Pressure of Jewish lobby results in withdrawal of nominee considered
too ‘pro-Muslim’ by Zionist coalitions
By Michael Collins Piper
It had to happen: The Obama administration is under fire from the Jewish lobby. The first shot came from Abe Foxman, chief of the Anti-Defamation League (ADL) of B’nai B’rith, a key cog in the Jewish lobby. Foxman expressed dismay that Obama appointed former Sen. George Mitchell (D-Maine)—who is of Arab extraction—as his Middle East negotiator.
Foxman was angry that Mitchell was perceived to be too neutral, that in the past Mitchell had not adhered to an all-out pro-Israel stance during a previous stint working to broker peace between Israel and the Palestinian refugees. Foxman expressed outrage at the idea that the United States should demonstrate any “evenhandedness” in conducting Middle East Policy.
Now the Jewish lobby is shrieking at the appointment of Charles Freeman, a former U.S. ambassador to Saudi Arabia, as chairman of the National Intelligence Council, the influential body that, last fall, outraged Israel by asserting that Iran’s nuclear arms program was not so far advanced and threatening as Israel’s supporters insisted.
Israel National News describes Freeman as “a sharp critic of Israel.” Freeman upset Israel by asserting the United States should confer with Hamas, which he called “the only democratically elected government in the Arab world.”
Elsewhere, the former ambassador declared:
We destroyed the Iraqi state and catalyzed anarchy, sectarian violence, terrorism, and civil war in that country. . . .Meanwhile, we embraced Israel’s enemies as our own; they responded by equating Americans with Israelis as their enemies. We abandoned the role of Middle East peacemaker to back Israel’s efforts to pacify its captive and increasingly ghettoized Arab populations. We wring our hands while sitting on them as the Jewish state continues to seize ever more Arab lands for its colonists. This has convinced most Palestinians that Israel cannot be appeased and is persuading increasing numbers of them that a two-state solution is unfeasible. . . . Now the United States has brought the Palestinian experience—of humiliation, dislocation and death—to millions more in Afghanistan and Iraq.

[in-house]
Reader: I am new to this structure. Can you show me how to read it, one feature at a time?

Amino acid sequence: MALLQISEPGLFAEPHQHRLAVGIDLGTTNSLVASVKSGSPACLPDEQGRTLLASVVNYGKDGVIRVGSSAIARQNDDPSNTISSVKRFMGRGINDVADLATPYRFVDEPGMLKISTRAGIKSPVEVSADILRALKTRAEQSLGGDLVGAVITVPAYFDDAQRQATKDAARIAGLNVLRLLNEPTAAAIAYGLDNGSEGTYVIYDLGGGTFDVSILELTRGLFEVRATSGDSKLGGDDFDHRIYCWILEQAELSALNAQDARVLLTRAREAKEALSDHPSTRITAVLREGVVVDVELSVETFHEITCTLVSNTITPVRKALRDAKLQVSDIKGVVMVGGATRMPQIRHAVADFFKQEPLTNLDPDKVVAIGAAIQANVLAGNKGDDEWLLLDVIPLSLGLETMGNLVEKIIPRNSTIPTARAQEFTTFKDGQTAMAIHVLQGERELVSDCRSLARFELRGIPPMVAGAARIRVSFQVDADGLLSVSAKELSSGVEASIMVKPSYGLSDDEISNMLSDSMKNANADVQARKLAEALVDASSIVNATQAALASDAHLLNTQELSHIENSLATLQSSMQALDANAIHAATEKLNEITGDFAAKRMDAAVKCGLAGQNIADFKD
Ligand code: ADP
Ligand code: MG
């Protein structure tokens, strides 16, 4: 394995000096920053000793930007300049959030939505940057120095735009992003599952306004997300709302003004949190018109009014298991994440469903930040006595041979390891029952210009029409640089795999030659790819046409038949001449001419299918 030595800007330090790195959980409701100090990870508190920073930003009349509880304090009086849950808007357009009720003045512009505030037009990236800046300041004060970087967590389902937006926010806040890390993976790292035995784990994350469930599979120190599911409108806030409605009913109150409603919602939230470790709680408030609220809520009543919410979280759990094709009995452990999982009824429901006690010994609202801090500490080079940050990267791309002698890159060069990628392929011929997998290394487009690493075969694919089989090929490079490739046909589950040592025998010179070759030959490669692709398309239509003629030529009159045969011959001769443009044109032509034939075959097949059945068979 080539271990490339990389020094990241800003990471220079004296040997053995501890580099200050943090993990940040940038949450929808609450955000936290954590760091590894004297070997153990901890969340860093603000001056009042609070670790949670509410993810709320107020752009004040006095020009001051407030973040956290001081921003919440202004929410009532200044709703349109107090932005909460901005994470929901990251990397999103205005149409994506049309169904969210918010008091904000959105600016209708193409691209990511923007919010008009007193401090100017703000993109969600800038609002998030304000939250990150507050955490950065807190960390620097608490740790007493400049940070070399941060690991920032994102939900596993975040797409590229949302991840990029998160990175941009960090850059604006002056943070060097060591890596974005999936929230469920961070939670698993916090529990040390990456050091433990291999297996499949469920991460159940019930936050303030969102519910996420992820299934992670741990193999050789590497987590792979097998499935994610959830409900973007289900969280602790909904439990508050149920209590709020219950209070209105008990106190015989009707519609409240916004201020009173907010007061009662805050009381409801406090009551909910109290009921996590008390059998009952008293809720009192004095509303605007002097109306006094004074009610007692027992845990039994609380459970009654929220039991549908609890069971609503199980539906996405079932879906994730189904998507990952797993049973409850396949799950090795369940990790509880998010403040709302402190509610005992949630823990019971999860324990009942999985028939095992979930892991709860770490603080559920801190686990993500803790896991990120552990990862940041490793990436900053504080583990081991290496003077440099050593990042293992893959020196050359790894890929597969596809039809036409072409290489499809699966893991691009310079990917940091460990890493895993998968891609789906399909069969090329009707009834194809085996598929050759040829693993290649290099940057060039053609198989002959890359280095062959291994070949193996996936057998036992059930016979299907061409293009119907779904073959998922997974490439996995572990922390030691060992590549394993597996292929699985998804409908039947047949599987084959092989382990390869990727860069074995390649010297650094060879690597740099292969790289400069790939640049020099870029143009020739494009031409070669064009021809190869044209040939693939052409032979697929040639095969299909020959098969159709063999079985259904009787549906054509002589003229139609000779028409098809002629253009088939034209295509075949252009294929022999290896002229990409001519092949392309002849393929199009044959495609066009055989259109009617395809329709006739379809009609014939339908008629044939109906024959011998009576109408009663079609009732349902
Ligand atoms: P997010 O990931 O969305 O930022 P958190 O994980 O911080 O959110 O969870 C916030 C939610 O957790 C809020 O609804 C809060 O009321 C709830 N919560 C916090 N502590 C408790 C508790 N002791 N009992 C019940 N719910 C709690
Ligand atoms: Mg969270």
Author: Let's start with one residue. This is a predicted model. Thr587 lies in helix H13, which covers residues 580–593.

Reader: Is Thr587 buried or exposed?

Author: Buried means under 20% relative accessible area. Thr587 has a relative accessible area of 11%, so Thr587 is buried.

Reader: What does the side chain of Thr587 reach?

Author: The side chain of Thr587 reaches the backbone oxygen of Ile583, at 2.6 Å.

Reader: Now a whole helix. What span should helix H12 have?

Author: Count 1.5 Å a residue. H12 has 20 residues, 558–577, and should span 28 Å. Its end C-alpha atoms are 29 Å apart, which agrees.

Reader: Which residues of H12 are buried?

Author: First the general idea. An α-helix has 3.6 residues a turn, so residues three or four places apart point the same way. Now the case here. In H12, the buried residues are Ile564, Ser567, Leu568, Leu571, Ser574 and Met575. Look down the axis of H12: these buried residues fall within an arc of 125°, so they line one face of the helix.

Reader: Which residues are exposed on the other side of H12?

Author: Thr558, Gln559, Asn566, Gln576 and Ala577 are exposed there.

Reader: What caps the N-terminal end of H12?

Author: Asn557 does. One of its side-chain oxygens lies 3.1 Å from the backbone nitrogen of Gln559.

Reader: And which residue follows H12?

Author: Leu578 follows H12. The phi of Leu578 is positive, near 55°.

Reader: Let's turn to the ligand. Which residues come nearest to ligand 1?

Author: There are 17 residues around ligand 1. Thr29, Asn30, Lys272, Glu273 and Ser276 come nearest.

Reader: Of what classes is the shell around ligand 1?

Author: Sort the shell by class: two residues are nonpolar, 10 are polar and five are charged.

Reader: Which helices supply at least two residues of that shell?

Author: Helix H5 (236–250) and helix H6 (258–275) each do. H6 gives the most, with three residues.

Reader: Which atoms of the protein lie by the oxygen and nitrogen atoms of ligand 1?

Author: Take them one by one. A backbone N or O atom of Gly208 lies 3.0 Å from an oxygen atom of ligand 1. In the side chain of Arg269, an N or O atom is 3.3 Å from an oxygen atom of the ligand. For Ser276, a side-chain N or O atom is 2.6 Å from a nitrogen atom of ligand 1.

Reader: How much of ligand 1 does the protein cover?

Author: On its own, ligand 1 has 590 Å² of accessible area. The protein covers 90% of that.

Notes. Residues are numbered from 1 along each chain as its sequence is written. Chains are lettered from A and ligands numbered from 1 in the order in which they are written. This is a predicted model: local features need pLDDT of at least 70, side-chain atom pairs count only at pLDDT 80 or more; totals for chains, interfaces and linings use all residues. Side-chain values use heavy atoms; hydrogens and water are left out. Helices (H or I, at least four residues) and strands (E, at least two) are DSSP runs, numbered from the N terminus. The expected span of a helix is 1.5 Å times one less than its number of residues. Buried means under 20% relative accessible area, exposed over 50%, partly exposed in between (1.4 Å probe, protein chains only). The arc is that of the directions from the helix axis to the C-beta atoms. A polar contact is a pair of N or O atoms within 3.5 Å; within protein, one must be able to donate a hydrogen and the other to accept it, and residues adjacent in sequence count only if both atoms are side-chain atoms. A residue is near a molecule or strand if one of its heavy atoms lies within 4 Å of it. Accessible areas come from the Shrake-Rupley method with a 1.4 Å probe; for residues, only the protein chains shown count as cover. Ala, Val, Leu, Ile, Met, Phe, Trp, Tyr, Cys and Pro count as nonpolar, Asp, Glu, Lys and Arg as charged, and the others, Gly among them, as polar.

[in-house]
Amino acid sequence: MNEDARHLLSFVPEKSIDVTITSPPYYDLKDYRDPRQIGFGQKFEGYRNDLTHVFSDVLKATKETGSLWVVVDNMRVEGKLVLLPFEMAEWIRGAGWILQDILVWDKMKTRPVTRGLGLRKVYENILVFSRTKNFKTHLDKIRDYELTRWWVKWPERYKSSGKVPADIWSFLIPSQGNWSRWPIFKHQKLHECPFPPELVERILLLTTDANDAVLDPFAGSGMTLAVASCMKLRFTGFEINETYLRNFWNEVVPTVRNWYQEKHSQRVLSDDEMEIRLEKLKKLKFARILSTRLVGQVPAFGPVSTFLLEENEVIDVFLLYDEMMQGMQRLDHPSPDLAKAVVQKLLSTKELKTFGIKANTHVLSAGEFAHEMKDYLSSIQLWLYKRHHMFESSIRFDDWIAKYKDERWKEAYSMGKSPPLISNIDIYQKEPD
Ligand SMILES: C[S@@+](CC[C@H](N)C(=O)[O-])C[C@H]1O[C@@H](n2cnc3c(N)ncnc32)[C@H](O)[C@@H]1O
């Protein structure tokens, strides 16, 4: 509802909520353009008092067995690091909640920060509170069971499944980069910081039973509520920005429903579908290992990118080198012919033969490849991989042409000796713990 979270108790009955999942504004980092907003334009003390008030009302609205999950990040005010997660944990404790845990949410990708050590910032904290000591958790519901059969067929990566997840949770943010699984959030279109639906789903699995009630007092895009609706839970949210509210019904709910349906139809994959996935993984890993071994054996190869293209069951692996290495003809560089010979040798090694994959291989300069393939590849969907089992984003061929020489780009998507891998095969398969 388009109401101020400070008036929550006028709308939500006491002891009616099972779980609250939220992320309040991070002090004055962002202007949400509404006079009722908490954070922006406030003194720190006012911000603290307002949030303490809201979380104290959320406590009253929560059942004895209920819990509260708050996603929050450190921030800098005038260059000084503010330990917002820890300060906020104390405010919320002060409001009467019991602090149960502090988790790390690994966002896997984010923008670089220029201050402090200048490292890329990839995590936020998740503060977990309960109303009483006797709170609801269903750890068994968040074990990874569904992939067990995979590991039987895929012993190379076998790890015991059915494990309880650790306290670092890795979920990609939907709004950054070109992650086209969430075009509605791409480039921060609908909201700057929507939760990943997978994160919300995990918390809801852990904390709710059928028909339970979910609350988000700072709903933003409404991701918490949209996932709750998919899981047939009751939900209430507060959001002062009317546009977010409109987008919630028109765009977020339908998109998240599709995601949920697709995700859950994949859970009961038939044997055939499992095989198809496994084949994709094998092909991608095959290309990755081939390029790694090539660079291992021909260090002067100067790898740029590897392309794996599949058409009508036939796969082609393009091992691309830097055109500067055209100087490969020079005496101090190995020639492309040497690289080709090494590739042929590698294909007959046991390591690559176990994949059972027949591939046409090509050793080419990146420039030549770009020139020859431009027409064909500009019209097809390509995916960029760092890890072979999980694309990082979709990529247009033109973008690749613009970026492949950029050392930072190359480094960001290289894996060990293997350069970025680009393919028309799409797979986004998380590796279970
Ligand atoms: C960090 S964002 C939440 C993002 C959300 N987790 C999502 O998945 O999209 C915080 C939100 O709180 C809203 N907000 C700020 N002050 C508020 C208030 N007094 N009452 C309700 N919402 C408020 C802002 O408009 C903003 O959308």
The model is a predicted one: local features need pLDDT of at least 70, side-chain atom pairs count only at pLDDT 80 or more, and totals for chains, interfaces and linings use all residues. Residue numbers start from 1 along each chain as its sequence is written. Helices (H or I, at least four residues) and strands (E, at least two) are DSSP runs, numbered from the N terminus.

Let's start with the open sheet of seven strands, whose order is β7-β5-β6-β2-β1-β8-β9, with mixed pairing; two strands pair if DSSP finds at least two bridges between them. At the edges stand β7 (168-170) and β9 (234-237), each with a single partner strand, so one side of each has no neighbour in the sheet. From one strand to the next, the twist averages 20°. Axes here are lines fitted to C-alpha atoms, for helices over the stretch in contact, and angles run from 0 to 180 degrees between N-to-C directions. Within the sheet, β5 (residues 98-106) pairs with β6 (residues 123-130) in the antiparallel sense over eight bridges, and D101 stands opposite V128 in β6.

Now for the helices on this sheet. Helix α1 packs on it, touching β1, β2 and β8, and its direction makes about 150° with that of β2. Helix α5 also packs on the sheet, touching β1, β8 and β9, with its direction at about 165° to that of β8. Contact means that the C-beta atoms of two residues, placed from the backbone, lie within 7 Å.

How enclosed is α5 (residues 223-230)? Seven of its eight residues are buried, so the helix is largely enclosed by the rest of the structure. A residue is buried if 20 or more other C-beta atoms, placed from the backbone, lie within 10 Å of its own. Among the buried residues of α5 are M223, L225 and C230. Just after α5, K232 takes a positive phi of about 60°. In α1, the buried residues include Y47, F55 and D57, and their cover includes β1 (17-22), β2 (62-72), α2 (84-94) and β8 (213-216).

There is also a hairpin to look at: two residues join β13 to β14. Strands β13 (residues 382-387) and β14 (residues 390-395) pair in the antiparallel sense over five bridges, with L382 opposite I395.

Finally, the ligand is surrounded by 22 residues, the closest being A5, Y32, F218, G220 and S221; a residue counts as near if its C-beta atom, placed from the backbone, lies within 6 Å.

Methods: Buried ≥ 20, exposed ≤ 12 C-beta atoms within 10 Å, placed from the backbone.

Now, three leading congressional supporters of Israel, Rep. Steve Israel (D-N.Y.) and Republicans Mark Kirk (Ill.) and Eric Cantor (Va.)—an Orthodox Jew who serves as the minority whip in the House—are demanding an inquiry by the inspector general for the Office of the Director of National Intelligence into ties between the Middle East Policy Council, a private group—which has been critical of the U.S.-Israel “special relationship—that has been chaired by Freeman and which has received funding from Saudi Arabia.
One critic of Freeman’s group charged it had published “anti-Semitic canards” about “a powerful Jewish cabal” in the U.S. Kirk proclaimed: “Given his close ties to the Kingdom of Saudi Arabia, we request a comprehensive review of Ambassador Freeman’s past and current commercial, financial and contractual ties to the kingdom to ensure no conflict of interest exists in his new position.”
And his GOP colleague, Cantor, added: “Charles Freeman’s past associations and positions on foreign policy are deeply alarming. His statements about the U.S.- Israel relationship raise serious concerns about his ability to support the administration’s attempts to bring security, stability and peace to the Middle East.”
(Apparently Kirk and Cantor believe it is entirely appropriate for Americans with close ties to Israel and foreign Jewish interests to be appointed to high office.)
Mark S. Devenow, writing on the website of the Jewish Telegraph Agency, said, “The fact that Obama would even think of appointing such a rabid anti-Israel partisan . . . ought to be alarming to every Jew who voted for this callow and insouciant person in whom the leadership of the free world is now vested.”
Noting that 76 percent of American Jews had claimed to have voted for Obama, Devenow added, “Shame on us for bringing, or helping to bring, this [president] on ourselves.” [Note: As AFP went to press. Freeman withdrew his name from consideration.—Ed.]
A journalist specializing in media critique, Michael Collins Piper is the author of The High Priests of War, The New Jerusalem, Dirty Secrets, The Judas Goats, The Golem, Target Traficant and My First Days in the White House All are available from AFP.